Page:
The solar system is all set to give a rare celestial show.
Mercury, Venus, Saturn, Mars and Jupiter will all be visible from Earth when they appear in a diagonal row before dawn on Wednesday, Jan. 20.
It's the first time the five bright planets, so called as they can usually be seen easily with the naked eye, have aligned in such a way in more than 10 years, reports EarthSky.org.
The phenomenon will continue every early morning until Feb. 20.
"Essentially a quirk of the universe," Dr. Alan Duffy, a research fellow at Swinburne University in Melbourne, Australia, told Australian Geographic about the formation. And with the five planets on different yearly cycles, he added their alignment was "something well worth seeing."
Jupiter will rise first, followed by the red-tinted Mars, golden-looking Saturn, brightest planet Venus and lastly Mercury. Exact timings will vary each day and depend on where you are located.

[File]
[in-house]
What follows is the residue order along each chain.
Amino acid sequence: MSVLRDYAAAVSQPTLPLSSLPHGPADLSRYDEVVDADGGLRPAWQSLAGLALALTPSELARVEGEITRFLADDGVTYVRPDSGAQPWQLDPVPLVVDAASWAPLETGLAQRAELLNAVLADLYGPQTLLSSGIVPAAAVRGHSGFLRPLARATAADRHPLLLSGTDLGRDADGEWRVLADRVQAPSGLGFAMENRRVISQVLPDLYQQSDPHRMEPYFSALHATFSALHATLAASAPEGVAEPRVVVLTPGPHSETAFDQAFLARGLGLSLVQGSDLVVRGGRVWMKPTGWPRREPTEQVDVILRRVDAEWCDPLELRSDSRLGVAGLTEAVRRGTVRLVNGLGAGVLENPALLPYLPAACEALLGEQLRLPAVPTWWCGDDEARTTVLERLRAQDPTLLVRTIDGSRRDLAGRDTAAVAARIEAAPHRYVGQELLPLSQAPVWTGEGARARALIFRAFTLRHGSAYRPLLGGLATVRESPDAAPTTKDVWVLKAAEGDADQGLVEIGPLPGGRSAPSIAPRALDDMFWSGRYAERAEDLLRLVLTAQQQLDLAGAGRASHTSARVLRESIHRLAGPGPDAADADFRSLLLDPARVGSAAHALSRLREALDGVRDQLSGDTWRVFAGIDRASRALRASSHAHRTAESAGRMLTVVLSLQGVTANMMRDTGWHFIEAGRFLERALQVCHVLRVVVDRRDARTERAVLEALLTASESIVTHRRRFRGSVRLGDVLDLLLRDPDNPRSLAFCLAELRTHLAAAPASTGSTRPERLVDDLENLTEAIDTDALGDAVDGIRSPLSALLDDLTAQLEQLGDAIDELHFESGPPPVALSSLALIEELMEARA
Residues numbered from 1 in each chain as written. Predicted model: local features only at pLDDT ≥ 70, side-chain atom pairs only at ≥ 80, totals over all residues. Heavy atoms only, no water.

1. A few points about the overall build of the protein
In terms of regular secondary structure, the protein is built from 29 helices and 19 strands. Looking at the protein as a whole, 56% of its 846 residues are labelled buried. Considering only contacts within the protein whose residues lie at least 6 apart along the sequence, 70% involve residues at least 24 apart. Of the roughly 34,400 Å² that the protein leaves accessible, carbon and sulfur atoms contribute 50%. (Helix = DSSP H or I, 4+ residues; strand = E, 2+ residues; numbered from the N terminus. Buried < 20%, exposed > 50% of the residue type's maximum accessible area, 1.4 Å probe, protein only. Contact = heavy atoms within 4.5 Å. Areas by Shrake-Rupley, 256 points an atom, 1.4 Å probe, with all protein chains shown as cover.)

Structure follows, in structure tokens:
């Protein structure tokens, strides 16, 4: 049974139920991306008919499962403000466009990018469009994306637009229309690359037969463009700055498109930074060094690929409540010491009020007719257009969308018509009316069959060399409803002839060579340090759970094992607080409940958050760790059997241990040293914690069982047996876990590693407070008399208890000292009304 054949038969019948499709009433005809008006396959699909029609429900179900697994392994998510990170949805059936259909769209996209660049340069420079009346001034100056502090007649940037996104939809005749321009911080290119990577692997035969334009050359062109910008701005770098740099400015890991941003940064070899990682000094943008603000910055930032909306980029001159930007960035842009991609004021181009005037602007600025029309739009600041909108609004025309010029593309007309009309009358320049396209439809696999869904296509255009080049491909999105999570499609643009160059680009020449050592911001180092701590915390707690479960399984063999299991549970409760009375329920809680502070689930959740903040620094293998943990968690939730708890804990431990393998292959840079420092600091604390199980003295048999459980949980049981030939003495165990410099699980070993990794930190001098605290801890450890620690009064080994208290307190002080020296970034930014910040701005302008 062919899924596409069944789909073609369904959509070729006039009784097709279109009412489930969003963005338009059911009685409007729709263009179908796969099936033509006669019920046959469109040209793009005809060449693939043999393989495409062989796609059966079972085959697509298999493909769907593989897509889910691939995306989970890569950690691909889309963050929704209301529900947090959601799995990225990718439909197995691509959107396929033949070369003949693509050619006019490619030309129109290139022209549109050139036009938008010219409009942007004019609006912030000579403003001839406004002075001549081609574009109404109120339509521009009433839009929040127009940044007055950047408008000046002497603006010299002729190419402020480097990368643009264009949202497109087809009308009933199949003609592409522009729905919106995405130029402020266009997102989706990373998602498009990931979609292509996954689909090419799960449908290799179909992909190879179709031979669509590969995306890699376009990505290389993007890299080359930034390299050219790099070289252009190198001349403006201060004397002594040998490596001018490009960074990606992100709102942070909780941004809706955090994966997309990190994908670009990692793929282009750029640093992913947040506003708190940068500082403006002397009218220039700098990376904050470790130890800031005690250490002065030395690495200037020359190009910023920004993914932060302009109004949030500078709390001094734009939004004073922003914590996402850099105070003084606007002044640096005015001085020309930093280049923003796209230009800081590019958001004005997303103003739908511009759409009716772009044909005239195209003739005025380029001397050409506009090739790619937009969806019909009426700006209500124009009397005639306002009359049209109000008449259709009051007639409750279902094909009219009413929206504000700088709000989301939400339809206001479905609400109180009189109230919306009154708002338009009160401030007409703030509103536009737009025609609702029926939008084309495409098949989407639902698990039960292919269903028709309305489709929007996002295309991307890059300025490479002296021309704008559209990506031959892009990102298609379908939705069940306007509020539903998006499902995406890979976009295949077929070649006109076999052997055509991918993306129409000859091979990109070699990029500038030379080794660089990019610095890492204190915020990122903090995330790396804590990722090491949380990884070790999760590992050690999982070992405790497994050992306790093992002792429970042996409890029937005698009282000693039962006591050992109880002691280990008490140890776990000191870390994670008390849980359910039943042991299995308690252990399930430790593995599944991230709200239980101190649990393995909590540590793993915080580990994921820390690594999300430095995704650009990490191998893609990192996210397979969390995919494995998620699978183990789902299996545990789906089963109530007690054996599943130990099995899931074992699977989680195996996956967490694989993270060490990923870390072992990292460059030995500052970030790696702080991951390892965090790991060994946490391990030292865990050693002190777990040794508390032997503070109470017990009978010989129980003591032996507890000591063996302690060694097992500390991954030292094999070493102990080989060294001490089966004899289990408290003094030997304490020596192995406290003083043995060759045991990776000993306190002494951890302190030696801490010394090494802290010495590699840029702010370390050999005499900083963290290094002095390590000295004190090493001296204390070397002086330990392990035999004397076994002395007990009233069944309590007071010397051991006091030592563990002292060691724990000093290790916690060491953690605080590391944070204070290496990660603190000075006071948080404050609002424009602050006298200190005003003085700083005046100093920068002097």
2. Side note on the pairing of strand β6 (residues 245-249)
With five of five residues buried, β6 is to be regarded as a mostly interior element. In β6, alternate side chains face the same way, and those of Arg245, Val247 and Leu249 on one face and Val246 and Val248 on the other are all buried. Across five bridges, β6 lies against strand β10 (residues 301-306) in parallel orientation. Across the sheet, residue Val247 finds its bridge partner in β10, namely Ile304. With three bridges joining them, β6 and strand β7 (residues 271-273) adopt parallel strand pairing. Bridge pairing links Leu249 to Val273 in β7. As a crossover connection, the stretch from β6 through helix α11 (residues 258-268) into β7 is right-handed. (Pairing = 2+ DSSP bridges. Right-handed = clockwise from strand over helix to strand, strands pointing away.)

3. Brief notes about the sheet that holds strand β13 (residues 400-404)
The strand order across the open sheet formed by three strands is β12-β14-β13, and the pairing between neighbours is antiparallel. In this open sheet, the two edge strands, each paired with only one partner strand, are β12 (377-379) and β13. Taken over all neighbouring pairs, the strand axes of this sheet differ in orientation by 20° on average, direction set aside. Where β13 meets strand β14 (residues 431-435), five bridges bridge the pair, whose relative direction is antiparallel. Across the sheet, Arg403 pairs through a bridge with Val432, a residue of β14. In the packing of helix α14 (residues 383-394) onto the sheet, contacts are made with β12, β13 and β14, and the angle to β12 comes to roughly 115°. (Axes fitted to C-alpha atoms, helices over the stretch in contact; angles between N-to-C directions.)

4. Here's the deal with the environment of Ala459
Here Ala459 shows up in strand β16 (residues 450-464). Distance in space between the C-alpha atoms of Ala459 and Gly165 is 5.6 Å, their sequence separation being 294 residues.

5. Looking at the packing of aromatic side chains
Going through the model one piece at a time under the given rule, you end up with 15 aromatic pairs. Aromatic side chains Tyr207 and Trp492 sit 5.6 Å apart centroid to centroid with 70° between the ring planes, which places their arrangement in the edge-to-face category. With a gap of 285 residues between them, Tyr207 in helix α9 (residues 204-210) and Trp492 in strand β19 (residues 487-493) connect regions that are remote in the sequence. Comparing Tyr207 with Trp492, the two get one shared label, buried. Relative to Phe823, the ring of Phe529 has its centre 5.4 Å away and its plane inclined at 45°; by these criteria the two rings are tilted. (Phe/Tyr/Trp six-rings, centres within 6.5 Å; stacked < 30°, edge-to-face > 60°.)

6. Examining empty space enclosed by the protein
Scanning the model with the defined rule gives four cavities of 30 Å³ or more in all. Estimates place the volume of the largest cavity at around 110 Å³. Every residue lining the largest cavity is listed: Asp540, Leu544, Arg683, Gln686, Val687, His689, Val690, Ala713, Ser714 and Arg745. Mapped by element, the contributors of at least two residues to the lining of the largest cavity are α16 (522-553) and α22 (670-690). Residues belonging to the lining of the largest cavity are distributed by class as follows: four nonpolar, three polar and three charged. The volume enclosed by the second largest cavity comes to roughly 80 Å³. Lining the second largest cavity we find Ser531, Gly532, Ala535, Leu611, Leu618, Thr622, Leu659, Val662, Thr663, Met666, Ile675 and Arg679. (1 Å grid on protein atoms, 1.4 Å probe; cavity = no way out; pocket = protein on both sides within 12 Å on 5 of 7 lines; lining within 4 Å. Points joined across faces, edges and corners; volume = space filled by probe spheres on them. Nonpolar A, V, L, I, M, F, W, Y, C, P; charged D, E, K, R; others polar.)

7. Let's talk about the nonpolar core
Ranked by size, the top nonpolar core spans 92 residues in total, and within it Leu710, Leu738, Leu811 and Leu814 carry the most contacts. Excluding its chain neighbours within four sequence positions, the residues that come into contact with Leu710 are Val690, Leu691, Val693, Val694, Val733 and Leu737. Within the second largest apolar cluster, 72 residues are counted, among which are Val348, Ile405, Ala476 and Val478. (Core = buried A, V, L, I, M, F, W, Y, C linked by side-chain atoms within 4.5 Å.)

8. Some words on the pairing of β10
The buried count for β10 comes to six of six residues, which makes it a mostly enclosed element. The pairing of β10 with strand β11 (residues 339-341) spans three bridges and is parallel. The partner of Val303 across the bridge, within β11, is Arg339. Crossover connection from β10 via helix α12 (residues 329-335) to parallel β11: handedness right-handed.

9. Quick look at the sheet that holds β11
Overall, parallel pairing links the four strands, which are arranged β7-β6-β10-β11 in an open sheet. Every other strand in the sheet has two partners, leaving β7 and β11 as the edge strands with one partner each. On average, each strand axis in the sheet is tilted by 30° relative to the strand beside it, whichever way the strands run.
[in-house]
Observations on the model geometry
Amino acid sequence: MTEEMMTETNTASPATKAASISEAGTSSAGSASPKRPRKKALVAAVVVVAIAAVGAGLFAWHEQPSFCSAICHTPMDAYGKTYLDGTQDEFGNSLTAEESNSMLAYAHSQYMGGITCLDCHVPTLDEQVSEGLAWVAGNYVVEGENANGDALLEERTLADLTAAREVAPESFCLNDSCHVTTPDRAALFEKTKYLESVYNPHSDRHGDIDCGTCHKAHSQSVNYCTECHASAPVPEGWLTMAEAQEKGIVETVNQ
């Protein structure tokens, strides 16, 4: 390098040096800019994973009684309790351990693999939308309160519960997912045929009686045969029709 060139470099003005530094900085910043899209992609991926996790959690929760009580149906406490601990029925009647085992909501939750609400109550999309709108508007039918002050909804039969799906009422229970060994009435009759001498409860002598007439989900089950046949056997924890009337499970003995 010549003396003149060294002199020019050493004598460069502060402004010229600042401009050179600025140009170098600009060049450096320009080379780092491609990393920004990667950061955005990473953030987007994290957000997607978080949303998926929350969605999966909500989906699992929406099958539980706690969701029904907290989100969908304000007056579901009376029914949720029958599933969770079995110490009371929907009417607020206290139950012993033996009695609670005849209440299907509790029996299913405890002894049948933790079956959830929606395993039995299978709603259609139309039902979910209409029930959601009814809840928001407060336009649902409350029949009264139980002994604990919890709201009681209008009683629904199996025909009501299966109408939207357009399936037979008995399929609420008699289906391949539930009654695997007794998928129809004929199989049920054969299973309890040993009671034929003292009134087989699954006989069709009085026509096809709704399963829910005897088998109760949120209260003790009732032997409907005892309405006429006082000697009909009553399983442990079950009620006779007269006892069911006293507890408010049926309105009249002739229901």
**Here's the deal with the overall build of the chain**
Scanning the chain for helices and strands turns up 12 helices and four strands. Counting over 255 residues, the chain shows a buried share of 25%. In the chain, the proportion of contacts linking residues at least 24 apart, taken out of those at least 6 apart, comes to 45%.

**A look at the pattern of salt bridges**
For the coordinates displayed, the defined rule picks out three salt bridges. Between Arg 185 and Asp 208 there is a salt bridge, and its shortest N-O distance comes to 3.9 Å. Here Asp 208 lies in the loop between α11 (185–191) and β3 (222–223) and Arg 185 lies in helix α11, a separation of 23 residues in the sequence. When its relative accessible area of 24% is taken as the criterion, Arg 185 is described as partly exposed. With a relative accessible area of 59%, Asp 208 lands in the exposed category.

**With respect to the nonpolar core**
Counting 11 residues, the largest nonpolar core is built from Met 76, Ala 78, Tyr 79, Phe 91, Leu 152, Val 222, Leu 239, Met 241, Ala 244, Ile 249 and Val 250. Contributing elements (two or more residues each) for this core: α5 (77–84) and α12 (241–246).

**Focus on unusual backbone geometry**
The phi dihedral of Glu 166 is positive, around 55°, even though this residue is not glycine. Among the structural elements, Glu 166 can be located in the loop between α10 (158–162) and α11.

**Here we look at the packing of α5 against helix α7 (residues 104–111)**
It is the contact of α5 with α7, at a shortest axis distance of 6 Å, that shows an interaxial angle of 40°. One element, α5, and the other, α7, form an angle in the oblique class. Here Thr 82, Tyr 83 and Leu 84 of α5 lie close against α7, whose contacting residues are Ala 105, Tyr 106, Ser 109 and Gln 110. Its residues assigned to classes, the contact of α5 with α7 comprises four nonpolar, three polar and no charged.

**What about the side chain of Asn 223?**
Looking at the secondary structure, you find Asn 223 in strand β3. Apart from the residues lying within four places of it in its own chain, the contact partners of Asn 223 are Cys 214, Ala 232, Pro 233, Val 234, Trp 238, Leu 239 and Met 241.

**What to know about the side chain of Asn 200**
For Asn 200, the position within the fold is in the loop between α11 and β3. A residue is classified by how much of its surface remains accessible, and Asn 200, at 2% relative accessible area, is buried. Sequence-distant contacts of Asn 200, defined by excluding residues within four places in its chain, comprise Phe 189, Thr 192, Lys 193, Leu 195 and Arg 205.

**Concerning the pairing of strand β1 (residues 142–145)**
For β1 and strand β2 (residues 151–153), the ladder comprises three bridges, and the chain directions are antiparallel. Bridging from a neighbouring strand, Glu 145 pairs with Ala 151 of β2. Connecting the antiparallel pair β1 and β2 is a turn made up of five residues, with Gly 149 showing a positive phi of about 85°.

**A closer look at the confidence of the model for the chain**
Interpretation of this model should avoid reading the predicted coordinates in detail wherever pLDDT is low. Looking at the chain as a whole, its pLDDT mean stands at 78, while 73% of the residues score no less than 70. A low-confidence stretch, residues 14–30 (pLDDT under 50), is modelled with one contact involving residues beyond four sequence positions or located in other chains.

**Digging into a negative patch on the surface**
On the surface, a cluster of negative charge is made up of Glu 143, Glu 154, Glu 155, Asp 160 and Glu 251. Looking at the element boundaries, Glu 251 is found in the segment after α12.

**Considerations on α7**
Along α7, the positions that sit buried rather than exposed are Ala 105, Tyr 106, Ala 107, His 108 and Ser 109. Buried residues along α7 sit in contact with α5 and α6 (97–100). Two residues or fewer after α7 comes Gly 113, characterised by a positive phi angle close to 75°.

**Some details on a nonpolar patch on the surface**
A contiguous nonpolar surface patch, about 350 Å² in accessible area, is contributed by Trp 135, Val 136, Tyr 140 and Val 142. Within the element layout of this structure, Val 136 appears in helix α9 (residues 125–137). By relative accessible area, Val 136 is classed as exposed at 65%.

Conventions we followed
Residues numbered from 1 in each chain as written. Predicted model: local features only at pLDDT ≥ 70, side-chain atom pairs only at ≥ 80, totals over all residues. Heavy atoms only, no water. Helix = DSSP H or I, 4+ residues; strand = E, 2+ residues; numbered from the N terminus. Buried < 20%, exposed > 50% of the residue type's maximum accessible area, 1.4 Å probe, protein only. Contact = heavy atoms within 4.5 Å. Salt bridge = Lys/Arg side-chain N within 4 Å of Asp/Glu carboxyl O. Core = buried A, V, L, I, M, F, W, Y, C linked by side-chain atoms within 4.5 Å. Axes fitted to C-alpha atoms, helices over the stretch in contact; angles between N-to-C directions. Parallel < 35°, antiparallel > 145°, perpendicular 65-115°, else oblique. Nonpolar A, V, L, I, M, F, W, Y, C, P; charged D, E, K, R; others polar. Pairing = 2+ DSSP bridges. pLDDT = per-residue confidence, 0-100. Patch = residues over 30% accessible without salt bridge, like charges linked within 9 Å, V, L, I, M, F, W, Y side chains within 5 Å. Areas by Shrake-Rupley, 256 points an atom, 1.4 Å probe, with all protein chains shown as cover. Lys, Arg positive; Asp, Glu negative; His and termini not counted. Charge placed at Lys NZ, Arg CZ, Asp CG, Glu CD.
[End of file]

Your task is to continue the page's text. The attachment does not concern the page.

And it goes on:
The Washington Post reports that, if you look south from D.C. before dawn on Sunday, Jan. 24, then Mercury will be closest to the eastern horizon, while Jupiter will loiter in the west-southwest.
But don't panic, there are a host of stargazing apps to help you figure out exactly where to look and which planet is which. Just hope it's not cloudy.
The waning moon will also sweep past the planets from Jan. 27 to Feb. 6, according to the Coachella Valley Independent.
Astronomers last got the chance to see the planets in a similar line-up between Dec. 15, 2004 and Jan. 15, 2005.
The next time the planets align is predicted to be in the evening sky from Aug. 13 to 19, according to EarthSky.org, but Mercury and Venus will sit low and not be easily seen from the northern hemisphere.
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